Damage Inc. Pacific Squadron WWII strives for accuracy as the guys at Trickstar Games offer a flight game that truly attempts to simulate the hardships of World War II. But Damage Inc. is not a complicated flight sim as it is more of an entry-level approach that is easy for new players of the flight genre to transition. It’s a small easy step, and such a small easy step it is.
Damage Inc. puts you in the cockpit of a huge variety of aircrafts as you battle against the Japanese during the World War II Pacific Theater. Adding a little tension and drama into the mix, your brother Jimmy ends up dying and now the story becomes a tale of retribution! At least, that’s all good and great until you hear the delivery of the story in-game. The voice acting is not terrible, but some work with the voice direction could have made it more believable.
Story aside, Damage Inc. offers about 12 hours worth of missions split between 23 missions. All missions can be tackled with up to four players in online co-op. The length of some of the missions are unbalanced, some taking as short as 15 or as long as an hour to complete. While checkpoints are frequently laced around in case you fail or die, you cannot leave the game and resume from that checkpoint at a later time. Your ass is committed to completing your mission, and there’s more than plenty of Japanese planes and ships to take down.
To differentiate Damage Inc. from other games of its kind, you have access to warspeed and reflex mode, which are ways to speed up the pace of the game and to slow down to pick off targets when needed. Warspeed boosts your plane’s speed, much like throwing out your afterburner. While the intended function is to get you from one objective to another, it doesn’t give that sense of speed that you’re going any faster than normal despite that you actually are. It serves as a great way to break away from a dogfight in case you need to reposition yourself against the pack of enemies you’re taking down. Reflex mode is like an infinite bullet time. At first I figured it would be something to help new players get into the game by slowing the game down, only to find out that it becomes a huge asset and almost needed in some situations. Because of how sensitive your sights are, you’ll be spending most of your time in reflex mode to wrestle with it.
Dogfighting is a huge hassle even with the AV8R Stick that comes with the collector’s edition and even with the red-dot lead guide that tells you where to shoot to compensate for enemy distance. When you do eventually hit something, it does leave a satisfying taste as the sound of bullets penetrating through metal is never a sound that will get old, and watching the enemy parachute out as you laugh at their faces is always fun. However, positioning yourself right can take a lot of getting used to, in fact I find that playing with the “Arcade” control settings which were meant to be easier ends up being much more difficult to properly line up shots.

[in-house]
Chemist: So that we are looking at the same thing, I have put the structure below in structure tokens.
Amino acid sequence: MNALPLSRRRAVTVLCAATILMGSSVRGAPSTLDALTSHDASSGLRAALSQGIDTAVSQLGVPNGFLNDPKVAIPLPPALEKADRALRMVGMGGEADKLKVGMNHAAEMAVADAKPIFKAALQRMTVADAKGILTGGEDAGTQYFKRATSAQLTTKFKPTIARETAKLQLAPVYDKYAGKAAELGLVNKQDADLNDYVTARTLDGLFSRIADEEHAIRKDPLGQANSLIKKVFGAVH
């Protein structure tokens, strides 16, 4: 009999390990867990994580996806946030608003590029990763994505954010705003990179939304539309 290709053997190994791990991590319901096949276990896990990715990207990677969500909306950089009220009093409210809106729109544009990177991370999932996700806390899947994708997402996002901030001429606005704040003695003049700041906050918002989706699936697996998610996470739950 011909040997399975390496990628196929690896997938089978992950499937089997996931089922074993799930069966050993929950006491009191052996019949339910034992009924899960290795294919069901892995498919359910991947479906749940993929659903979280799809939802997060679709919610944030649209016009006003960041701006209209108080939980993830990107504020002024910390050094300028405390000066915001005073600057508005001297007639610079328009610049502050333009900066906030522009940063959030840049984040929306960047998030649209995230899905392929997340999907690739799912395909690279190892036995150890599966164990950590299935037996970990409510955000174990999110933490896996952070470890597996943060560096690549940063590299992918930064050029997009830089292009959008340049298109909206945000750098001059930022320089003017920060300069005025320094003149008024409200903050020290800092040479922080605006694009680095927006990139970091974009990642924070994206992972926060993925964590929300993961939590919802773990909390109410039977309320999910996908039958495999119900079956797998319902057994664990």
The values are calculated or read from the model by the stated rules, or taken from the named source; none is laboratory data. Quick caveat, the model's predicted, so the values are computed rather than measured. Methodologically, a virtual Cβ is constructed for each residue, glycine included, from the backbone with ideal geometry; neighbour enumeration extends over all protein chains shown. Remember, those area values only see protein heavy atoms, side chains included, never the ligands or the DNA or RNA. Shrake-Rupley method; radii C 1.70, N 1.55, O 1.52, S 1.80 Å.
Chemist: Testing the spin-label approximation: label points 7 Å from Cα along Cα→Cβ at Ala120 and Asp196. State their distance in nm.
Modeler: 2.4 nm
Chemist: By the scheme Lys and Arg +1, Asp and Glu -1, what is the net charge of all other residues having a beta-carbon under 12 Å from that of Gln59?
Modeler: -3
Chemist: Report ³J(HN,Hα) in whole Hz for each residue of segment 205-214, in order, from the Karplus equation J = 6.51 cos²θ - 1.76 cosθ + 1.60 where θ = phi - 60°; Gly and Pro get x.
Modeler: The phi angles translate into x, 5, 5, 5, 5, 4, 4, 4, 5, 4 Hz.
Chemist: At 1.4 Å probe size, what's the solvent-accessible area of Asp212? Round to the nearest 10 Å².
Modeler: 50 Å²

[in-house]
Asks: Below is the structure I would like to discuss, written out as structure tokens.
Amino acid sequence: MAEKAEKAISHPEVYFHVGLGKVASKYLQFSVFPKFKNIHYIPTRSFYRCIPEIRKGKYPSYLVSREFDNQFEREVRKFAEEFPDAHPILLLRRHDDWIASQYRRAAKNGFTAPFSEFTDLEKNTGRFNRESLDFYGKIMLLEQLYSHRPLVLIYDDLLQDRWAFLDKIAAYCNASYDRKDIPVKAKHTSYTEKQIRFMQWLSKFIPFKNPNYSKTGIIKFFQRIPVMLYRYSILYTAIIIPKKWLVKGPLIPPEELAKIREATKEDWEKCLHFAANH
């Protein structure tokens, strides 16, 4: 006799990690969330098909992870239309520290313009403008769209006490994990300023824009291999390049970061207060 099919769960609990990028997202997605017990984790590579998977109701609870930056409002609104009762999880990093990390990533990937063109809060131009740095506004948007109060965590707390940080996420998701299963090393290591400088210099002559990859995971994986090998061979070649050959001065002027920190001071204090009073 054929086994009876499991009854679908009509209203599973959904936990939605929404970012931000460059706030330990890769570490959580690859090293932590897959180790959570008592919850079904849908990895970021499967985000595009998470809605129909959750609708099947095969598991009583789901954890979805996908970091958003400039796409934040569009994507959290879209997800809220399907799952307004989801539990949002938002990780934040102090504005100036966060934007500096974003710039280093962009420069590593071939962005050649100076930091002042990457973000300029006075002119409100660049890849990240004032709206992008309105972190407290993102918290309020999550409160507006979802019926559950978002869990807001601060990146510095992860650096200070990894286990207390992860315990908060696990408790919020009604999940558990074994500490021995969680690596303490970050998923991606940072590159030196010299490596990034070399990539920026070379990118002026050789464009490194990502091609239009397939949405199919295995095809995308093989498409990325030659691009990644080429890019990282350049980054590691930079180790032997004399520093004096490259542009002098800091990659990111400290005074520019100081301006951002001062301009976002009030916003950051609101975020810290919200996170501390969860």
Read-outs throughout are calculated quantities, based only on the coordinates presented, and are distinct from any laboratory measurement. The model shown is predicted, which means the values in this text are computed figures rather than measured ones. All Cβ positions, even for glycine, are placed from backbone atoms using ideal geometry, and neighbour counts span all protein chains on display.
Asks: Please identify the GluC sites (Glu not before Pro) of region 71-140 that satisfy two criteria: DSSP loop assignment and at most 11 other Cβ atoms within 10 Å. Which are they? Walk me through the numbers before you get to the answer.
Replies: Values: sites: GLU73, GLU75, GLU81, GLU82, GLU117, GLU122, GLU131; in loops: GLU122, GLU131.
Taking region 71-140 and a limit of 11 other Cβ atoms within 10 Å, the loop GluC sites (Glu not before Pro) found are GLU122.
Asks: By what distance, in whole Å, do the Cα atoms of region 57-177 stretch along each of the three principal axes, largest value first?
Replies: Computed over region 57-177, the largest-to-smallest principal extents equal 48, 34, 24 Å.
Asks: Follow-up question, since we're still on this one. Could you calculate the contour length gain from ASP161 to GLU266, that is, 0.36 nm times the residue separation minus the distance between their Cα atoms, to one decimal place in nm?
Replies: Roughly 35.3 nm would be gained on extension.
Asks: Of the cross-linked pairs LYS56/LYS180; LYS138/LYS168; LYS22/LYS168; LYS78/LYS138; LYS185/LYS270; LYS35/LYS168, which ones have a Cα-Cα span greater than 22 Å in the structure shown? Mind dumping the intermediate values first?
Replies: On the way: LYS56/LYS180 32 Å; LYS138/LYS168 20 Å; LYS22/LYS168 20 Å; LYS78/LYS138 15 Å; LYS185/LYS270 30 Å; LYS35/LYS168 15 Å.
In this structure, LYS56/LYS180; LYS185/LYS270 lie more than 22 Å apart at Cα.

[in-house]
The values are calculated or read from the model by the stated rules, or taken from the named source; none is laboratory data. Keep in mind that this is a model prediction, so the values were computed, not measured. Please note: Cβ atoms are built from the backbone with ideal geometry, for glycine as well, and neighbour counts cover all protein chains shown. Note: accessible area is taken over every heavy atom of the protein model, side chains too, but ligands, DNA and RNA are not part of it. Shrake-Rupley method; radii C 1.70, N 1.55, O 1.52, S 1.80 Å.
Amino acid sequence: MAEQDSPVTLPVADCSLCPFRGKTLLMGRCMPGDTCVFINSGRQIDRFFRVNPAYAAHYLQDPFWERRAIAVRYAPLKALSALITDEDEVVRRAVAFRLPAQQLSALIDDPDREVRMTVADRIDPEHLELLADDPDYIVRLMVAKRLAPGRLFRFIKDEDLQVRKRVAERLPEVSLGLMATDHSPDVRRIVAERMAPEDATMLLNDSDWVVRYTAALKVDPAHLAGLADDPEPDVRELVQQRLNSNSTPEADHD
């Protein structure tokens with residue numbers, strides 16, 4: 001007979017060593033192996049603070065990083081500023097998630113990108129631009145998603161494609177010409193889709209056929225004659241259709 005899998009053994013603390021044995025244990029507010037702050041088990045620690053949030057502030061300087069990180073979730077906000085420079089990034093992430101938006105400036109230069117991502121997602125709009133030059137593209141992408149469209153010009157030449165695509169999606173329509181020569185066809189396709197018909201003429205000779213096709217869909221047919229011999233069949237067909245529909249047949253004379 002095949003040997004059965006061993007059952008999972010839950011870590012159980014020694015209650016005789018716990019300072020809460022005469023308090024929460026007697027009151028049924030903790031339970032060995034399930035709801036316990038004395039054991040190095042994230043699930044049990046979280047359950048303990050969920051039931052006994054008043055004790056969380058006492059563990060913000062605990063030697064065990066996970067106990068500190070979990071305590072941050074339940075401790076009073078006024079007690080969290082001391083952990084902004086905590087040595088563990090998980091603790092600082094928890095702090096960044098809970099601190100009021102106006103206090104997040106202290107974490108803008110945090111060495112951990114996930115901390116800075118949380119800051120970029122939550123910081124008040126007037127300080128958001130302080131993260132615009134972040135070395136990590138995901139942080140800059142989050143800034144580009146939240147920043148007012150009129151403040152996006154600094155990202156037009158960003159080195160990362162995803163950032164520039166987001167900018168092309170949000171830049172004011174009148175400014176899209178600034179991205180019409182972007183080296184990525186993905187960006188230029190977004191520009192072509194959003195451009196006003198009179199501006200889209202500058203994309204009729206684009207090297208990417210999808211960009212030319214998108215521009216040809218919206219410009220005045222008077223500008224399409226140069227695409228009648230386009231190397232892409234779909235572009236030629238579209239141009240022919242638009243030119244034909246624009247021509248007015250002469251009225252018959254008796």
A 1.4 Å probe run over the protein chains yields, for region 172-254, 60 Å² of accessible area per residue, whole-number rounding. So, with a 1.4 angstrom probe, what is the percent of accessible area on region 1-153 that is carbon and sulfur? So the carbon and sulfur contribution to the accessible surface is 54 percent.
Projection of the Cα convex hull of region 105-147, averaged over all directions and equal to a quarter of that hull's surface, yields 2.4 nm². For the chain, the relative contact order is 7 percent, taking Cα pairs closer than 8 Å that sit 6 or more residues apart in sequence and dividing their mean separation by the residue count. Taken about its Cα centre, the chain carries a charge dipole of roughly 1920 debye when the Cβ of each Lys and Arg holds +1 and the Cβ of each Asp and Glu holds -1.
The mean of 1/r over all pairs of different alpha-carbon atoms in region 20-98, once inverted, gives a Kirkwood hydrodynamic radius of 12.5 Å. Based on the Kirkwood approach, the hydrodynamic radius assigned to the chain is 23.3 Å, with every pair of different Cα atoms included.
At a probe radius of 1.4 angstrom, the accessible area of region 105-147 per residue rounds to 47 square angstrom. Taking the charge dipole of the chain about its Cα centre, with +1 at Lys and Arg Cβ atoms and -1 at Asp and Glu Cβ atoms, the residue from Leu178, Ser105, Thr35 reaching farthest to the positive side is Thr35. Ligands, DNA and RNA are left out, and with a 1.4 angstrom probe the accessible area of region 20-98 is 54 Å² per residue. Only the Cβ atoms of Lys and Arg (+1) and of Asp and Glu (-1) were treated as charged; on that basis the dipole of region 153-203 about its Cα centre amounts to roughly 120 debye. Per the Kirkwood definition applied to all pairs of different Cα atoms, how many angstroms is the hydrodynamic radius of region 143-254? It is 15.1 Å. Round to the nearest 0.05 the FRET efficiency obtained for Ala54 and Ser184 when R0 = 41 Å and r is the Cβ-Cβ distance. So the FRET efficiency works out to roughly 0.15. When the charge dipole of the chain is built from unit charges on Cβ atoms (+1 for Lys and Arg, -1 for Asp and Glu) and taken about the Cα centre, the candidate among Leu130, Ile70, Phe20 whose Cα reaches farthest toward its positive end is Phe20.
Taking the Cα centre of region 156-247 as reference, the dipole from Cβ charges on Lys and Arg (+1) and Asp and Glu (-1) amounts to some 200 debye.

There are plenty of aircrafts to mess around with and each of them have their pros and cons. Want to go stupidly fast? There are jet fighters out there that are fast, light but also weak. Bomber planes will bring you low to the ground to lay waste on buildings and ships. The variety is fun, especially to experiment with. I’m sure those that really know their World War II planes will get a kick out of the authenticity of the planes.
There’s not much to talk about in the presentation of Damage Inc. Between missions, you’re given animated cutscenes. Other than that, the graphics are sub-standard to various other games in this genre this generation. There’s not much in terms of additional content other than bonus objectives within the missions. There is multiplayer and it’s fun when you get in a full room, offering different modes including a base vs. base game called Scratch One Flat-top where you must work together to take down the opposing team’s carrier. Unfortunately, the reality is that many may end up brushing Damage Inc. away to the point where the multiplayer may not see the needed traffic to keep it going.
The Saitek Pacific AV8R Flight Stick is not required but it does make the game more entertaining. Is it worth slapping down the extra money for the collector’s edition? It does work with other flight games such as Ace Combat, Blazing Angels, Birds of Steel, and a few others, even After Burner Climax despite it not listed in the manual. The build quality is decent, though it could definitely use some weight. It also has leg supports that allow you to rest and lock the stick to your leg.
Damage Inc. is not the most impressive game out there despite adding in features that makes it unique. Instead, it’s a game that complements a new flight stick and overall it isn’t a bad pairing. By itself, Damage Inc. isn’t much to celebrate about. It won’t impress you with its visuals, the gameplay may lead into more frustration than entertainment, and the multiplayer will virtually be non-existent after the initial rush. But to those that are willing to see through all that, it’s a World War II experience that allows new players of the genre a pick-up and play experience that will lead as a gateway, especially with the flight stick in tow.